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Climate induced population breakdown and its consequences for hunter-gatherer social networks around the Last Glacial Maximum
Andreas Maier  1@  
1 : Institute of Prehistoric Archaeology, Friederich-Alexander-Universität Erlangen-Nürnebrg
Kochstrasse 4/18, 91054 Erlangen -  Allemagne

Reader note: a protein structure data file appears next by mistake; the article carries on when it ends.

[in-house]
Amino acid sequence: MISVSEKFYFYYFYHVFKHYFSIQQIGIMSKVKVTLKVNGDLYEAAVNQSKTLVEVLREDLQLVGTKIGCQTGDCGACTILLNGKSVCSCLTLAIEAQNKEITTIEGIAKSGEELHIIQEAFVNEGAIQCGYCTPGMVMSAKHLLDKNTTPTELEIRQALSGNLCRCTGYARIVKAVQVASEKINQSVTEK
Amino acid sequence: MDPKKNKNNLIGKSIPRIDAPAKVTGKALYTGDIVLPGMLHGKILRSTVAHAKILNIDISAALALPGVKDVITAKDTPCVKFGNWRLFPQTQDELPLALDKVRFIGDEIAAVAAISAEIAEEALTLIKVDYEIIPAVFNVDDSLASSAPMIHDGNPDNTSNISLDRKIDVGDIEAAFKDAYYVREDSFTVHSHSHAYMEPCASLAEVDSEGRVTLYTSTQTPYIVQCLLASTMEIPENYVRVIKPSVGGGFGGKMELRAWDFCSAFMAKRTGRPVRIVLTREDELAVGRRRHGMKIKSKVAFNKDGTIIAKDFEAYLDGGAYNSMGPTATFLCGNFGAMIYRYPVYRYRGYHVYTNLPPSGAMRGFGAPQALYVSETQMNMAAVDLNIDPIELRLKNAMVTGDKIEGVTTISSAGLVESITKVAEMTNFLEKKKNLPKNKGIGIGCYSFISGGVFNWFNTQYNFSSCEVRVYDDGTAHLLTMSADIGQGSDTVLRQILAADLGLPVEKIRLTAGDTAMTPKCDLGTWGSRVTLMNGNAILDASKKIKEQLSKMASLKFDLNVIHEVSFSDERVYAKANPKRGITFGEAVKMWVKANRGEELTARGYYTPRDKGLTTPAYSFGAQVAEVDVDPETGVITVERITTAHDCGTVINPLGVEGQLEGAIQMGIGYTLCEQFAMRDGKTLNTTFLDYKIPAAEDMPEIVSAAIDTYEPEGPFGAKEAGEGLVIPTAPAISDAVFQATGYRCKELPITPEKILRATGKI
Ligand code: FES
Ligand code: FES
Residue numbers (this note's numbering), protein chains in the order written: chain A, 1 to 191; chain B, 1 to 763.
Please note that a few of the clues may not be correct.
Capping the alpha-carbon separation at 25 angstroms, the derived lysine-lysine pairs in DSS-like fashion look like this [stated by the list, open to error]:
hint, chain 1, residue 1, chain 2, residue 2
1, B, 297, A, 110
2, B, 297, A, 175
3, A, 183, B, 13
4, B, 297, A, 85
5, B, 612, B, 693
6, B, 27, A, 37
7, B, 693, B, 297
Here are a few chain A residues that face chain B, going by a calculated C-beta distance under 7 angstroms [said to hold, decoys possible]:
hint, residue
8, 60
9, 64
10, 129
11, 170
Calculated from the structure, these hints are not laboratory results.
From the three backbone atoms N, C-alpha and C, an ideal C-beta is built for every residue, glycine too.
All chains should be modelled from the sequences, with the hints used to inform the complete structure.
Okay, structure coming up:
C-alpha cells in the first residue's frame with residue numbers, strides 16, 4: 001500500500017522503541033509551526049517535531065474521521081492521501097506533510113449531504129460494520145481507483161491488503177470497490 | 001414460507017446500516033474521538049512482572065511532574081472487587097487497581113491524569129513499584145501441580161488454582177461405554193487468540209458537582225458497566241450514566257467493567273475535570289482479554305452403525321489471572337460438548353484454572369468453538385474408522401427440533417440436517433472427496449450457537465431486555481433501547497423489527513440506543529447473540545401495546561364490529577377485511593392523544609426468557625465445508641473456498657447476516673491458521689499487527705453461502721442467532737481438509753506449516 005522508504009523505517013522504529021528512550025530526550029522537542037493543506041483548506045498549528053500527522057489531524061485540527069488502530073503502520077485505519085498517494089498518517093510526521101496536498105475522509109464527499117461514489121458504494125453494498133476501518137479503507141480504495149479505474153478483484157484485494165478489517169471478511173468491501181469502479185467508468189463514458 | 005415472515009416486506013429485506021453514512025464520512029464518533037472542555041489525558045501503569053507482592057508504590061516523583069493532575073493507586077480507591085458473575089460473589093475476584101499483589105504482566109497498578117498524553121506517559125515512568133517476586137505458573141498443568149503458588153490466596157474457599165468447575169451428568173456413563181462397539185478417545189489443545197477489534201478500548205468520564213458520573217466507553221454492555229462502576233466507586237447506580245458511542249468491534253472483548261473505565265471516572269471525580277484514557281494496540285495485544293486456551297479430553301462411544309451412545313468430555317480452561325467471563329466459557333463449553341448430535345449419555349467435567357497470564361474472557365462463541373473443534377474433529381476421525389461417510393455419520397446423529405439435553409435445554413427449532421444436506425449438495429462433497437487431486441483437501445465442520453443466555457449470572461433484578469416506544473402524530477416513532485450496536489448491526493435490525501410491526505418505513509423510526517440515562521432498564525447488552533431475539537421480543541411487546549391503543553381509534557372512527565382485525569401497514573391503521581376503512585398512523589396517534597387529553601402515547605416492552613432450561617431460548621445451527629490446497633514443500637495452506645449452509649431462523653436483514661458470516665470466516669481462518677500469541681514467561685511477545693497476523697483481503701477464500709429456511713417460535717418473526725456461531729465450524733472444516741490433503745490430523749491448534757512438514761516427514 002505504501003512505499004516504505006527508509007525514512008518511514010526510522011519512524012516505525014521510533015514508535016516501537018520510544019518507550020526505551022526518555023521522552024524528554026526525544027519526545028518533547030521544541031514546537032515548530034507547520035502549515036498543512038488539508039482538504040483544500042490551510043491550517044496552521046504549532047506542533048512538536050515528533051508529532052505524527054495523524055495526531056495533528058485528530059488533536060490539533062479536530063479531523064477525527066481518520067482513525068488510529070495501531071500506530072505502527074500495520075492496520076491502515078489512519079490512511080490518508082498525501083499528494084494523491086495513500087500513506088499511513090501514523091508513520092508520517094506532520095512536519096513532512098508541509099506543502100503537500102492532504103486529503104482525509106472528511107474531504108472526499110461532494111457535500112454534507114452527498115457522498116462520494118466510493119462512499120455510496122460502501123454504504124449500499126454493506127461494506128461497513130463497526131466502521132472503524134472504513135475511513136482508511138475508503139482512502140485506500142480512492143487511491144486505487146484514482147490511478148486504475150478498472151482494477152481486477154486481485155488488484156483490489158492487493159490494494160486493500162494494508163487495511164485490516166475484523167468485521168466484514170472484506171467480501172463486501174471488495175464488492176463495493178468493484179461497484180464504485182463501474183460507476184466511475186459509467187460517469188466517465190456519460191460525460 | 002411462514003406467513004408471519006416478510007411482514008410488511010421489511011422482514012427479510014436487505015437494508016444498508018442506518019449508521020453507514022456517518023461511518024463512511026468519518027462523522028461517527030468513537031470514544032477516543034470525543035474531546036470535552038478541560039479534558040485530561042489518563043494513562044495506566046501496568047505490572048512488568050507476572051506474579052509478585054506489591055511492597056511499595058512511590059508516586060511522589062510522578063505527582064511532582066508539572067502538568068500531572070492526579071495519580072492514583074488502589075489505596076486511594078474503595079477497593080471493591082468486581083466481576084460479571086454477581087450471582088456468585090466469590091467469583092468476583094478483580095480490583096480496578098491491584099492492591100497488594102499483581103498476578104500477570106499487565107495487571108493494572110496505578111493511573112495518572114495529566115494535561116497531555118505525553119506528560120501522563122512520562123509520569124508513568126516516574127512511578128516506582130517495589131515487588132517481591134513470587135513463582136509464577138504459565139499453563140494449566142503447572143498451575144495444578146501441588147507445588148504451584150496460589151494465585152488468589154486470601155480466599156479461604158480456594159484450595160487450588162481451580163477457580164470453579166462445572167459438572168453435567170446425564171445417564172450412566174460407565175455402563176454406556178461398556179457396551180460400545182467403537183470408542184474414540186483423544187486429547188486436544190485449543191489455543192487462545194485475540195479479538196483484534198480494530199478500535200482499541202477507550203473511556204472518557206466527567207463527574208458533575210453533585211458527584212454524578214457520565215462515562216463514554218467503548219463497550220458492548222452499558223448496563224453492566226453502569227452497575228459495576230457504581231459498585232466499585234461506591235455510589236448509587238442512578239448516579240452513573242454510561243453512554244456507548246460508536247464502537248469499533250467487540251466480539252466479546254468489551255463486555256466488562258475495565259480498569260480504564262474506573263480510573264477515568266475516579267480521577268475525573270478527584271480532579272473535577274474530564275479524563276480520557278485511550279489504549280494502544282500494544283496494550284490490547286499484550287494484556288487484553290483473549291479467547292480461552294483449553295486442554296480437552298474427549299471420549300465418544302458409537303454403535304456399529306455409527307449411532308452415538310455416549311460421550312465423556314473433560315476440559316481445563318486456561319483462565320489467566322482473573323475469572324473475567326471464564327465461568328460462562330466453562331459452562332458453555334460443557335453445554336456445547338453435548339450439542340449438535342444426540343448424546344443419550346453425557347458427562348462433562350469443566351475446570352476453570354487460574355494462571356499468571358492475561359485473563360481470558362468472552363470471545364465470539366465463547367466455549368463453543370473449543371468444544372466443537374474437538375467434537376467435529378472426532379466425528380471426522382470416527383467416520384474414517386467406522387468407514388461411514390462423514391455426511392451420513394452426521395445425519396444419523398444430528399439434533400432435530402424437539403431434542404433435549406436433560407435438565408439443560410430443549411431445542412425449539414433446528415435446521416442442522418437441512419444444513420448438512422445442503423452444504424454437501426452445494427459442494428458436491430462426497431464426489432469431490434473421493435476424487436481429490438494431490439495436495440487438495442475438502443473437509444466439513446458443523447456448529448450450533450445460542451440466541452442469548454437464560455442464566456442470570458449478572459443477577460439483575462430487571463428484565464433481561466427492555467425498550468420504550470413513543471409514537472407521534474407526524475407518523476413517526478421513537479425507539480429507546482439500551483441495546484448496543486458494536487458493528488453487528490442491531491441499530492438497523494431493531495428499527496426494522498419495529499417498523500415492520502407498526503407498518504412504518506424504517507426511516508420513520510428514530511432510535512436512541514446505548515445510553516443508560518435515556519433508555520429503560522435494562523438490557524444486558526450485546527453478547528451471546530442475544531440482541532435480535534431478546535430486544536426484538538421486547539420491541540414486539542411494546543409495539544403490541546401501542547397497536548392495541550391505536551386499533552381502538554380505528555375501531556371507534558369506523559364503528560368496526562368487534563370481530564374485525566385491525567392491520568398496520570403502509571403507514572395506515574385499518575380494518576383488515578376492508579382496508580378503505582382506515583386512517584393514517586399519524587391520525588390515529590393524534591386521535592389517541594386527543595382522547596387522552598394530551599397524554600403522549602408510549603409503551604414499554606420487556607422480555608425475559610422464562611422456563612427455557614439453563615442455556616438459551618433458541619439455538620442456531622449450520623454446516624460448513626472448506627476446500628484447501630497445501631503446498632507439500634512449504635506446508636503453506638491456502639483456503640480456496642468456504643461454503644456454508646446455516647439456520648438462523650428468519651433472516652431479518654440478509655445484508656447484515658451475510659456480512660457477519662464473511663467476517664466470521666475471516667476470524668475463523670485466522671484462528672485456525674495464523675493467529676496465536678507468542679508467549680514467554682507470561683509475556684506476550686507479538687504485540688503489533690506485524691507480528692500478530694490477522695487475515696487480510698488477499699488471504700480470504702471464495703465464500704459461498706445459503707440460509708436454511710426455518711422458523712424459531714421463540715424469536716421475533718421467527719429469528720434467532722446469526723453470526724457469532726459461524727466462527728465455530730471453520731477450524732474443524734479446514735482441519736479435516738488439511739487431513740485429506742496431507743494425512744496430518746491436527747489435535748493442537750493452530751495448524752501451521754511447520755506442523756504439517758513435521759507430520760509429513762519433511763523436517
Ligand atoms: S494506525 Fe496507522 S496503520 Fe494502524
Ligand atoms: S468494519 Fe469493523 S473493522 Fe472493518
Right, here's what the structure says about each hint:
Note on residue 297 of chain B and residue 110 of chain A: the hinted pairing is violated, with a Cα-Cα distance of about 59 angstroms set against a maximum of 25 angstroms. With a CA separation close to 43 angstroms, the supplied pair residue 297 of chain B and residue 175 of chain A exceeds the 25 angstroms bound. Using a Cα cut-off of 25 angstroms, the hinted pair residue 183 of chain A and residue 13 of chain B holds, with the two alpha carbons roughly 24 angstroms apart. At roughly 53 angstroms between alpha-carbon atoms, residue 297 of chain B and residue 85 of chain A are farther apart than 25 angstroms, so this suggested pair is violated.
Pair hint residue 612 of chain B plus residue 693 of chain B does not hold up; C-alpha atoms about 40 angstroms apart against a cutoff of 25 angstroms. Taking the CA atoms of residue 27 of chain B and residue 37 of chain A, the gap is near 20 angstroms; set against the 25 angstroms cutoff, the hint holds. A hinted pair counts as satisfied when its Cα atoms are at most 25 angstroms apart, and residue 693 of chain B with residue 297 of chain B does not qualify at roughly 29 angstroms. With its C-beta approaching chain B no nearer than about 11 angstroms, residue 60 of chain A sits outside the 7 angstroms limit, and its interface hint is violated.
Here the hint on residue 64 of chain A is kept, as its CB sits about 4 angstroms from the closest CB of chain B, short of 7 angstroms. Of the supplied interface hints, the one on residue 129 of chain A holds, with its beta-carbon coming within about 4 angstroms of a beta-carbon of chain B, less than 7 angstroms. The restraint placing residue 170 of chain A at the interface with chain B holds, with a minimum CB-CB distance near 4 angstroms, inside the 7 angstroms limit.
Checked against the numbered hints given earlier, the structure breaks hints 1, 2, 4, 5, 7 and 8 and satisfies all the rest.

The late Gravettian (ca. 29,000-25,000 calBP) probably saw the severest demographic crises of Homo sapiens sapiens in Europe. Temperatures were at the lowest level of the entire Upper Paleolithic and continuously decreasing solar insolation presumably led to a steady decline in net primary production affecting also the available ungulate biomass. As a consequence, previously settled areas in Great Brittan, Belgium and Germany were abandoned. Demographic estimates indicate that population was shrinking everywhere in Europe. This speaks rather in favor of regional extinction events than for migration processes from northern areas to the south. It seems that the number of people drops roughly to the threshold value for minimal viable populations. The severe population decline apparently coincides with a decrease in typological variability in comparison to the early Gravettian and maybe also the loss of technological complexity. This situation changes during the Last Glacial Maximum (LGM, ca. 24,000-19,000 calBP). During this period, temperatures were rather stable at a level above the one of the late Gravettian and solar insolation started rising again. It is under these conditions that we see renewed demographic growth alongside with different adaptions in Western and Central Europe. Whereas hunter-gatherers in Western Europe preferred areas south of the permafrost line, the population in Central Europe had adapted to conditions north of the permafrost line, namely in the region of Lower Austria, Moravia and southern Poland. The adaption to cooler conditions coincided with larger site catchments as is indicated by raw material acquisition patterns and a very low number of people. The archaeological record indicates that this area might have been abandoned later after around 22,000 calBP. It seems that the pan-European communication network established during the Aurignacian and early Gravettian was severely disturbed during the late Gravettian resulting in increasing dissimilarity and accumulations of regional idiosyncrasies at the end of the late Gravettian and the beginning of the LGM, as is visible for instance in the Solutrean. However, re-occurring similarities in typological and technological concepts suggest that this situation was overcome rather quickly at around the onset of the LGM.

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